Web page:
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[Herald Interview] Armed with guitar, Ye Ji-won ventures into small-stage theaterBy Park Min-young
Published : April 4, 2011 - 19:21
There was definitely something “Gold Missy” about her, just like her usual image on TV.
Her elaborate dress ― yellow leather jacket, long, chocolate-colored skirt with floral print, with matching fedora and long pearl necklaces ― along with her high-toned singing voice and confident manner all fit the typical image of a Gold Miss, the Korean version of North America’s SWANS (Strong Women Achievers, No Spouse).
“Gold Misses should be ‘luxe’ but I am not that ‘luxe’. But I am really grateful to all for having given me the image of a Gold Miss. They are always at the center of attention, they have a successful career ... I guess people see me that way because I am a working actress and I appear in good works by wonderful directors, which could be like living in a dream,” the 38-year-old actress told The Korea Herald last week.
Ye, best known for her roles as a Gold Miss in KBS2TV sitcom “Old Miss Diary,” and SBS entertainment show “Here Comes Gold Miss,” will make a comeback to the small-stage theater after a decade with the play “Midsummer” this month. The last time she had appeared on stage was in 2001, with “The Vagina Monologues” and “Rocky Horror Show.”
Because of her comical, extremely jolly and even lightheaded image on TV, and films featuring her constantly using the word “love” and singing French chansons, not many would have imagined her roots to be in small theaters. She was one of the youngest members of the theater company “Sungjwa” for about a year and a half in the early 1990s, years before she debuted as an actress. Ye ran around Daehangno putting up posters, and sometimes got to take minor roles on stage.
“Perhaps my dreams back then have finally come true. At that time, I was just filled with a vague anticipation, longing and dreams. What I loved the most was the smell of the stage. I used to take a deep breath every time I entered the theater, hoping to take all of it in. I think I will probably do the same thing when I go up onto the stage at the Seoul Arts Center. I think I might cry,” said Ye.
The two-person play “Midsummer” is written and directed by David Greig, an established British scriptwriter/director. The story centers around a one night stand between Helena, a successful divorce lawyer, and Bob, a gang member. The original version premiered at the Traverse Theater in Edinburgh in 2008 and was favorably reviewed by critics and play-goers. The Korean version is directed by Yang Jeong-woong and veteran musical stars Suh Beom-seok and Lee Seok-jun share the role as Bob.
OD Musical Company, one of the nation’s major musical companies, is holding the show to celebrate its 10th anniversary. Over 4,000 staff, actors and actresses worked with the company and made 75 musicals so far, which won 28 major musical awards. After “Midsummer,” the company will present two more two-person plays ― “The Story of My Life” and “The Blue Room” ― as part of the anniversary series.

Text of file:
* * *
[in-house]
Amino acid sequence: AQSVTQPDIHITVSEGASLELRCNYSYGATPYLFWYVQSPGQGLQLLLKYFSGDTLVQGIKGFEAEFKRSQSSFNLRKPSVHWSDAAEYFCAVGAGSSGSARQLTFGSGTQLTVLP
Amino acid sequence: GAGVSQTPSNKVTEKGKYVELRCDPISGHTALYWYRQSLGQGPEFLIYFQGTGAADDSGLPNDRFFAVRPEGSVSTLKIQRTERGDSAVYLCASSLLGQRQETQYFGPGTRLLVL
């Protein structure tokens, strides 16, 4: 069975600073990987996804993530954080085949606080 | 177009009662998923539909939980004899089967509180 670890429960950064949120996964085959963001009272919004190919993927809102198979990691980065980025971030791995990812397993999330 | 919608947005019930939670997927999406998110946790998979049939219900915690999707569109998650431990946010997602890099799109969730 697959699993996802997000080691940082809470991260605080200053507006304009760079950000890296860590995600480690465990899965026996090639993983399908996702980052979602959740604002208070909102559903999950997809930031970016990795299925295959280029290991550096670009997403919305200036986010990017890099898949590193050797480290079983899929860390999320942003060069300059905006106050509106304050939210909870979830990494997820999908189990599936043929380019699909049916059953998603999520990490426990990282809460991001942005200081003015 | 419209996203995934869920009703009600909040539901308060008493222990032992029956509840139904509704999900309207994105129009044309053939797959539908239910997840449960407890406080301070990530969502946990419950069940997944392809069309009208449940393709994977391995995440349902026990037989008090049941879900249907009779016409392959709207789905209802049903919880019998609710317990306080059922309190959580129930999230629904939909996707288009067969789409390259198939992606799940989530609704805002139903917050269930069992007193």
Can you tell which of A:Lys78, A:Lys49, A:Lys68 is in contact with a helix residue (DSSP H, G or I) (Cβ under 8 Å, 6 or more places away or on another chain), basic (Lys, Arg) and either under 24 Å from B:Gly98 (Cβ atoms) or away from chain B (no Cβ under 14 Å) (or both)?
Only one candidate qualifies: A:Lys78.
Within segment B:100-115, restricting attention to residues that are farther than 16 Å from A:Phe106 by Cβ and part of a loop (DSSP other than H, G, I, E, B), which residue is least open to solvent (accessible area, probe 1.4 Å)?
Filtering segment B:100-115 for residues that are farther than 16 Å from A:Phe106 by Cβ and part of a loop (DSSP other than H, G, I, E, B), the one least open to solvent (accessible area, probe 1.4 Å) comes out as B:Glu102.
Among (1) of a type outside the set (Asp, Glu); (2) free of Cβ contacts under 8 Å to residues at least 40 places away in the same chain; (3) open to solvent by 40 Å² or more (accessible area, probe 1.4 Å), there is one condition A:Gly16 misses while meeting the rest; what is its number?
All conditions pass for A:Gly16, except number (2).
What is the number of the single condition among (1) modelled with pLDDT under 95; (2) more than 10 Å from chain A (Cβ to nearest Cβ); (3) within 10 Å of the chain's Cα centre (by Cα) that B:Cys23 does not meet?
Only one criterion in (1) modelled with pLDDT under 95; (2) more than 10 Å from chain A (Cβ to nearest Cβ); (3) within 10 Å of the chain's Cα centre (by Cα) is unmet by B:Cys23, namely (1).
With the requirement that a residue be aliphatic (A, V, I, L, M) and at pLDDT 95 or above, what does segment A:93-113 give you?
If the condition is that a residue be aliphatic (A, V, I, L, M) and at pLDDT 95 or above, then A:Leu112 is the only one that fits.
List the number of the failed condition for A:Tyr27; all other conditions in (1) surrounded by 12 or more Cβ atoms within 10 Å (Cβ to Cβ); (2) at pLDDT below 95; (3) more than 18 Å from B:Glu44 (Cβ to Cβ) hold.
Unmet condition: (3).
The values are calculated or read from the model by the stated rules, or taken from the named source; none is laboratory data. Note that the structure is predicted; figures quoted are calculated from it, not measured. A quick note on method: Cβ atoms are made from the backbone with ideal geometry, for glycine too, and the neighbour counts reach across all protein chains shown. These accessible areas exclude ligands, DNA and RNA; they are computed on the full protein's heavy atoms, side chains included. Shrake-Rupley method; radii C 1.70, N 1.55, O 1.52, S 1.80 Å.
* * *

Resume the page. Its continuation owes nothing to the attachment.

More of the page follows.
In “Midsummer,” Ye is once again up for the role as a Gold Miss.
“Helena seems perfect from the outside ― she has wealth, fame and everything. But she is actually very fragile and insecure inside. Being a workaholic is her way of protecting herself from possible wounds. I felt very close to the character; it was like me, my colleagues and everyone,” said Ye.
Ye learned how to play the guitar for this show which is defined as “a play with songs” and not “musical” although it features 12 songs during its running time of 100 minutes. The difference is that, in musicals, characters speak through their songs; but in this show, the characters sing songs as if they are simply singing pop songs, according to the Korean director.
“I played the role of a hanji (Korean traditional paper) artist in the movie ‘Hanji,’ and my grasping power got stronger. So I was thinking about learning a musical instrument anyway, and chose guitar for this show. It was also because I figured that I would look smart and great on stage if I get to play it really well. But after some actual training, I realized how hard it is. I respect all guitar players, I really do,” said Ye, giggling.
She sings, too, but as if she is “reciting a poem.” She cannot sing that well and that is the only thing that keeps her, though she majored in dance in high school, from turning into a full-time musical actress．
“I love musicals. I have more musical actress friends than just actress friends. But listening to their stories, I got afraid. Singing comes first in musicals. I was really surprised to hear the powerful voices of my co-actors for this play. It is not something that can be achieved in a day,” said Ye.
Despite her shortcomings, she is definitely having a good year. She got to work with director Im Gwon-taek, who she had dreamed of working with, for “Hanji,” and is known to be receiving many offers from soon-to-air TV sitcoms. “Midsummer,” however, is not any less fateful or important to her, she said.
“There was a moment I felt that I was going to explode inside. I could not control myself and that was when I found this play. Every line in the play resonates through the heart. Some will laugh and some will cry after seeing the show. This play will offer more than you could imagine,” said Ye.
“Midsummer” will run from April 29 to June 12 at Seoul Arts Center in Seocho-dong, southern Seoul. For more information, call 1588-5212 or visit www.od10years.com.
By Park Min-young (email@example.com)
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